When red wine is described as being dry, it’s the tannins that are the source of that sensation. To understand that sense of dryness, try an experiment: Pop open a bottle of Cabernet Sauvignon or Syrah — two notably tannic wines — take a sip, and swish the wine around in your mouth like you’re auditioning for a Listerine commercial. It won’t be pleasant, so consider yourself warned. Spit out or swallow the sip, and then run your tongue across the front of your top teeth and along the insides of your cheeks. They’ll feel dry, and a bit like sandpaper, all thanks to the tannins.
The question that naturally follows is: If that’s such an unpleasant sensation, then why do we want or need tannins in the first place?
The first answer is that you should not be treating your wine like its mouthwash. Swishing it around your mouth is not proper tasting technique, and if you were to do that at the dinner table, your friends and family would likely get up and leave. Proper tasting technique, which involves swirling, sniffing, and slurping, is about as far from Listerine-ing your Cabernet as a rocking chair is from a rhinoceros.
But tannins are a key component in the structure of red wine, along with acidity. (Acidity, incidentally, is the main structure-giving component in white wine, which generally has no tannins.) It’s the component of red wine that frames the fruit and more savoury notes. Plus, if the wine is intended to age, tannins allow it to do so.
Where do tannins in wine come from?
Tannins in wine come primarily from grape skins. They also can be found in stems and seeds, and some producers, most notably of Pinot Noir, might include stems in their winemaking to help build additional structure; Pinot Noir, with its thin skins, produces a less tannic wine than thick-skinned Cabernet Sauvignon and Syrah, for example.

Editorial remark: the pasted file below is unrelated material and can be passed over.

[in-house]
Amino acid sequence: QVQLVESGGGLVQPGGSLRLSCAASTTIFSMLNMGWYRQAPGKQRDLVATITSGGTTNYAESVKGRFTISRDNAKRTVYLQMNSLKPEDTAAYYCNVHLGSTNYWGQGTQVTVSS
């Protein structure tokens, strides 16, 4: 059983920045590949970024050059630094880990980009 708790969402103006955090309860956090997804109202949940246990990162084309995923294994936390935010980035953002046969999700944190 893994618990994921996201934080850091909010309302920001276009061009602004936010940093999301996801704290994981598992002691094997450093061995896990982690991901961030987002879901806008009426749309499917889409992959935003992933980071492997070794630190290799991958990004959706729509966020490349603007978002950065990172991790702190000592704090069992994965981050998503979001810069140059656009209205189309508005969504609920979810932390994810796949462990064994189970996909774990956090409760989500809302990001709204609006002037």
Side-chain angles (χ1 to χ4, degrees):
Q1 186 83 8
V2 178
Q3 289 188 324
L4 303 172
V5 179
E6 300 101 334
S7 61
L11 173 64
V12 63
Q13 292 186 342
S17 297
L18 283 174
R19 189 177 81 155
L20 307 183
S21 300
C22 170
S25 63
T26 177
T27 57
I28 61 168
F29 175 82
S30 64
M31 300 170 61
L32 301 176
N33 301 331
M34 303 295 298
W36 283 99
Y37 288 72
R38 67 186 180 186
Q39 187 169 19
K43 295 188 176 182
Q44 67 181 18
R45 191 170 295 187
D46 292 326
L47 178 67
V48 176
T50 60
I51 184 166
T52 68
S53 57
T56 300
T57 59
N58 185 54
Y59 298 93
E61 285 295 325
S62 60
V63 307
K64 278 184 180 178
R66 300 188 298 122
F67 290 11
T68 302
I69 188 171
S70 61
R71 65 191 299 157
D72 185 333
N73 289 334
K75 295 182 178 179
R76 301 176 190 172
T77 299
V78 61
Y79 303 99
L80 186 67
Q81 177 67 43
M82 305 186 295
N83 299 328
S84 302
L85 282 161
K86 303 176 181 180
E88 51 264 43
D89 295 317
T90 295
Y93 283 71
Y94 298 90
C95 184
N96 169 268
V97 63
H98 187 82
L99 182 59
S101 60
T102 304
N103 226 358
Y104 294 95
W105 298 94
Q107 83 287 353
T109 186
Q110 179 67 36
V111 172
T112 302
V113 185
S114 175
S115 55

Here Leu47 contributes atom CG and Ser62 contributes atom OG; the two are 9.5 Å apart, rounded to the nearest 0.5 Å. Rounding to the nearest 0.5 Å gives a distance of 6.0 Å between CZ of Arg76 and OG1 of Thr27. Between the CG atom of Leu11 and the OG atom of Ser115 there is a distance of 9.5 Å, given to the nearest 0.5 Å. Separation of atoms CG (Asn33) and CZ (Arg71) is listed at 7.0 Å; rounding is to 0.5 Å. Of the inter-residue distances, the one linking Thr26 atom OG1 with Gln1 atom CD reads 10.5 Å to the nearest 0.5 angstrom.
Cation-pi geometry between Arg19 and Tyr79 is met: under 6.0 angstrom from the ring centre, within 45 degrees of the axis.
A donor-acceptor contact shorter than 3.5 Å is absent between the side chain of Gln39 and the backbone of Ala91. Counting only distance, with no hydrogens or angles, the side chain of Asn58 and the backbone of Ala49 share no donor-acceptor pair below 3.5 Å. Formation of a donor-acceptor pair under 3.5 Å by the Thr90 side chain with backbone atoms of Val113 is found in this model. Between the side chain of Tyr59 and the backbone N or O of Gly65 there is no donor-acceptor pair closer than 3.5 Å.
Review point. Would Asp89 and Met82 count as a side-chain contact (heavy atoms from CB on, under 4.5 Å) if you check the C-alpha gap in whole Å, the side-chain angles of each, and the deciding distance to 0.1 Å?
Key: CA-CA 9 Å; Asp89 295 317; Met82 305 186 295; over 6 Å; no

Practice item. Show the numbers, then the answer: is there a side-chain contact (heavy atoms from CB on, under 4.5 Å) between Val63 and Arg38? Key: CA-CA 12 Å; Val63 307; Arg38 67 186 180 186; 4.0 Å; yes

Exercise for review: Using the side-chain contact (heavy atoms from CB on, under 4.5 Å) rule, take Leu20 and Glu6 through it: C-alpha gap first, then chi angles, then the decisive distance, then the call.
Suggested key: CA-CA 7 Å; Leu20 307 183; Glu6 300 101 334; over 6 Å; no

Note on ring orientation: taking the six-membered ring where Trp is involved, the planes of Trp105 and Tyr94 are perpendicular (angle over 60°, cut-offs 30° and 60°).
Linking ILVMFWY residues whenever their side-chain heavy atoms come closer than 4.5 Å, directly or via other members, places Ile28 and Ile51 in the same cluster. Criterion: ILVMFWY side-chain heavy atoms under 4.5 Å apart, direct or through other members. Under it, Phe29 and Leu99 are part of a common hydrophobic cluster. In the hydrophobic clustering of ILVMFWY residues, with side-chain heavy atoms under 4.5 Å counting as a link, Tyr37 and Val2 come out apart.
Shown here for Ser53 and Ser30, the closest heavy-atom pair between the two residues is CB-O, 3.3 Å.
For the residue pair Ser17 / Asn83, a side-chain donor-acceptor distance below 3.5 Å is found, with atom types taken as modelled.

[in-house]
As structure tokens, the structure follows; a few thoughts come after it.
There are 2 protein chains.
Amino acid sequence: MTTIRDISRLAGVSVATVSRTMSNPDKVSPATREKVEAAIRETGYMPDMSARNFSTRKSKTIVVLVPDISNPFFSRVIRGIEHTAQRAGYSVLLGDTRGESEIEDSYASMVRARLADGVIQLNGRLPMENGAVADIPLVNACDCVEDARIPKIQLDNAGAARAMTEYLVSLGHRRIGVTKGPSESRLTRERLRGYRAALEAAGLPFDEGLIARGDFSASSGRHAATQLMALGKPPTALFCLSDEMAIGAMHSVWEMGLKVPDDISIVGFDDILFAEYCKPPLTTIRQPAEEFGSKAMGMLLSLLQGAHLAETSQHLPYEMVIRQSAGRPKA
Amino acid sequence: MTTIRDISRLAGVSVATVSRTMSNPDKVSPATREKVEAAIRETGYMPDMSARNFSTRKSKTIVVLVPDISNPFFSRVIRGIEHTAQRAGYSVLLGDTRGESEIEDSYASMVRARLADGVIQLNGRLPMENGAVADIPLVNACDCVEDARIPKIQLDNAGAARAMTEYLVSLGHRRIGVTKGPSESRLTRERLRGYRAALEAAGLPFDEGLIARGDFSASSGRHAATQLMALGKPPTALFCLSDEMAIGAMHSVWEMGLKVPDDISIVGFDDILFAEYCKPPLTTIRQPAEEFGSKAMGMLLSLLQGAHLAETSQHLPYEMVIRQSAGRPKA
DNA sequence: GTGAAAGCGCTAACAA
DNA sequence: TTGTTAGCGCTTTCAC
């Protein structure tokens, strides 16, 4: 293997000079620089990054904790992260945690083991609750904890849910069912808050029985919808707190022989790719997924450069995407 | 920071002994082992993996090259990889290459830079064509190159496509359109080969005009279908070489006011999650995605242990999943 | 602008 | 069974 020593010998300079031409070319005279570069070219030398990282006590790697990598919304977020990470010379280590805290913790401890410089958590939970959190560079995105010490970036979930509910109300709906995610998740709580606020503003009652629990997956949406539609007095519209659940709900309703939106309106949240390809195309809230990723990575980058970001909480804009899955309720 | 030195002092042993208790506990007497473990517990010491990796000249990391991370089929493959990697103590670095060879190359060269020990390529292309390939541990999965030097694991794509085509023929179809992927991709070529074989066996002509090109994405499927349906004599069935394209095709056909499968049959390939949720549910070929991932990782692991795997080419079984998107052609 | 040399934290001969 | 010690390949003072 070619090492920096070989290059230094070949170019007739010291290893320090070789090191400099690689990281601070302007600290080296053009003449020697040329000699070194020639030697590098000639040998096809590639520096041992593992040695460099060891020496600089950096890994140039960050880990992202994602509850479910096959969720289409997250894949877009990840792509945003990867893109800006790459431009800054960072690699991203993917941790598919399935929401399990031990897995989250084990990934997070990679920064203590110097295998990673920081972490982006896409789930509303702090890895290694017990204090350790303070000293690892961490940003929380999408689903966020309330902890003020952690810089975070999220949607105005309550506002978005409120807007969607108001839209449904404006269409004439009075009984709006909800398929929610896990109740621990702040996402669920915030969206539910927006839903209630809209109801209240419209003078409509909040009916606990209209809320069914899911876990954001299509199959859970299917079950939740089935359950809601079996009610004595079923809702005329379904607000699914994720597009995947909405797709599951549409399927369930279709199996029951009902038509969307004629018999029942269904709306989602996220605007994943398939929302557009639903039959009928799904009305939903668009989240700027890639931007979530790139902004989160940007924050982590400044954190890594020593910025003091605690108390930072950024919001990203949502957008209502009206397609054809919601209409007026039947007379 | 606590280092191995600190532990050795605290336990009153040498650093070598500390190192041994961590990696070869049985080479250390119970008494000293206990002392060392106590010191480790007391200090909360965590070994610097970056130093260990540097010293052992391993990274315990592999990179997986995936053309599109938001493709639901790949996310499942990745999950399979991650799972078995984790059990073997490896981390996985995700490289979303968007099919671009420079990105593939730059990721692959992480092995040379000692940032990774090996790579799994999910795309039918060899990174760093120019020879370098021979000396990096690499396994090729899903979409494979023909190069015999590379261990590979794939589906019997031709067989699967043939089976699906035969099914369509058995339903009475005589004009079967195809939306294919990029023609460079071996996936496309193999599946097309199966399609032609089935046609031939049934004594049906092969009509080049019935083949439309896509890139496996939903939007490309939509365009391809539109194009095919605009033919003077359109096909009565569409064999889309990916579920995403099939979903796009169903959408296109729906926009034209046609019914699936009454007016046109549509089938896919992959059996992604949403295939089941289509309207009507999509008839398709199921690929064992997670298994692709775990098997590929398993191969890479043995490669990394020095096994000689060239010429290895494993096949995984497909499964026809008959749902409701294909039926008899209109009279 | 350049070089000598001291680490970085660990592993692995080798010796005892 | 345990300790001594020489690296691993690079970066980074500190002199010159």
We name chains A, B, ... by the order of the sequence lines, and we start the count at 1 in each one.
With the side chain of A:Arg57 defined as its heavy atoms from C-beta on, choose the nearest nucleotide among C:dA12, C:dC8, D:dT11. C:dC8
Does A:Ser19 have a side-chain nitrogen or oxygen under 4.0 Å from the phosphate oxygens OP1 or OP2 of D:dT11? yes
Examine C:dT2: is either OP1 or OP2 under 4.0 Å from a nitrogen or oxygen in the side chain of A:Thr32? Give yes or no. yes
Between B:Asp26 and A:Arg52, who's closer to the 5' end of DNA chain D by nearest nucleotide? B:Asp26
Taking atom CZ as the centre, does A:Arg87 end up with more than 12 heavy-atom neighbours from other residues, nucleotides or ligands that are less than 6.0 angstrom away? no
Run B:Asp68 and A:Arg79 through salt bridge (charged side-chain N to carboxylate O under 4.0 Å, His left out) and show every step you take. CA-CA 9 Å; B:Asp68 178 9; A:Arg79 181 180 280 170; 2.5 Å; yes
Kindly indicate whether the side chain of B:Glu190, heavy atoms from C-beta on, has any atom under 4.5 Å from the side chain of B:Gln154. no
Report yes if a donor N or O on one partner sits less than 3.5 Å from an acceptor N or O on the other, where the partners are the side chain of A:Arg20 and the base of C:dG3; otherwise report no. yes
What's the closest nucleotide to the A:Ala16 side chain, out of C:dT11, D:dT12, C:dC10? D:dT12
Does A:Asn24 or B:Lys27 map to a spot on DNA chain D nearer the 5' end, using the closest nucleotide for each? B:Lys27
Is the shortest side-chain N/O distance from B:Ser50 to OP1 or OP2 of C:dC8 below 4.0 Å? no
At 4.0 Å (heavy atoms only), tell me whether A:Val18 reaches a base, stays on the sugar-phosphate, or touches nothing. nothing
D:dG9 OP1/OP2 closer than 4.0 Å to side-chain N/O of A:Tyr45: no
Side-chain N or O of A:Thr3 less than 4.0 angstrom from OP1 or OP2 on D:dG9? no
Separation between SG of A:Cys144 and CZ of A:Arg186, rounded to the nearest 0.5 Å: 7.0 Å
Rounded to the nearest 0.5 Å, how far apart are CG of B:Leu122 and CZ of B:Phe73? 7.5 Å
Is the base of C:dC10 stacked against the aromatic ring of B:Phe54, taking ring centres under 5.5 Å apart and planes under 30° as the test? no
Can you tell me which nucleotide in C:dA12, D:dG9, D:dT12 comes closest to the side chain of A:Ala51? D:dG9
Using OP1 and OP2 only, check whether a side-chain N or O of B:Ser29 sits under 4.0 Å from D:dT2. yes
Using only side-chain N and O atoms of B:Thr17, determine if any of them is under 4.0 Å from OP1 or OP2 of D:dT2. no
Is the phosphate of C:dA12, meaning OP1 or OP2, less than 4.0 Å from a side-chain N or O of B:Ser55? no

Because of how they’re each made, red wines possess tannins, while white wines typically don’t. As the juice for red wine macerates with the skins, both colour and tannins are extracted. For most white wines, skin contact doesn’t occur, which means that tannins aren’t present in the final product.
It’s worth noting that there are tannins in oak, so barrel-fermented and -aged whites, like some Chardonnays, occasionally have subtly perceptible oak-derived tannins, especially if a high percentage of new oak has been used.
At the table, tannins counterbalance fat and protein in food, which in turn soften up the perception of the tannins. This is why tannic red wine with well-marbled steak is such a classic pairing: They each become better alongside the other than they would have been on their own.
Not all tannins are the same, however; they evolve and mature during the growing season. Grapes picked too early often exhibit tannins that have “woody” characteristics, meaning they are assertively astringent. Grapes picked at optimal ripeness tend to showcase tannins that have a vaguely sweeter character, though it’s important to note that tannins are never “sweet” in the same sense as, say, the ripe fruit characteristics of the wine might be. Often, wines that are meant to age for an extended period of time are not all that desirable to drink in their youth, because their tannins need to mature and soften.
This story first appeared on www.foodandwine.com.
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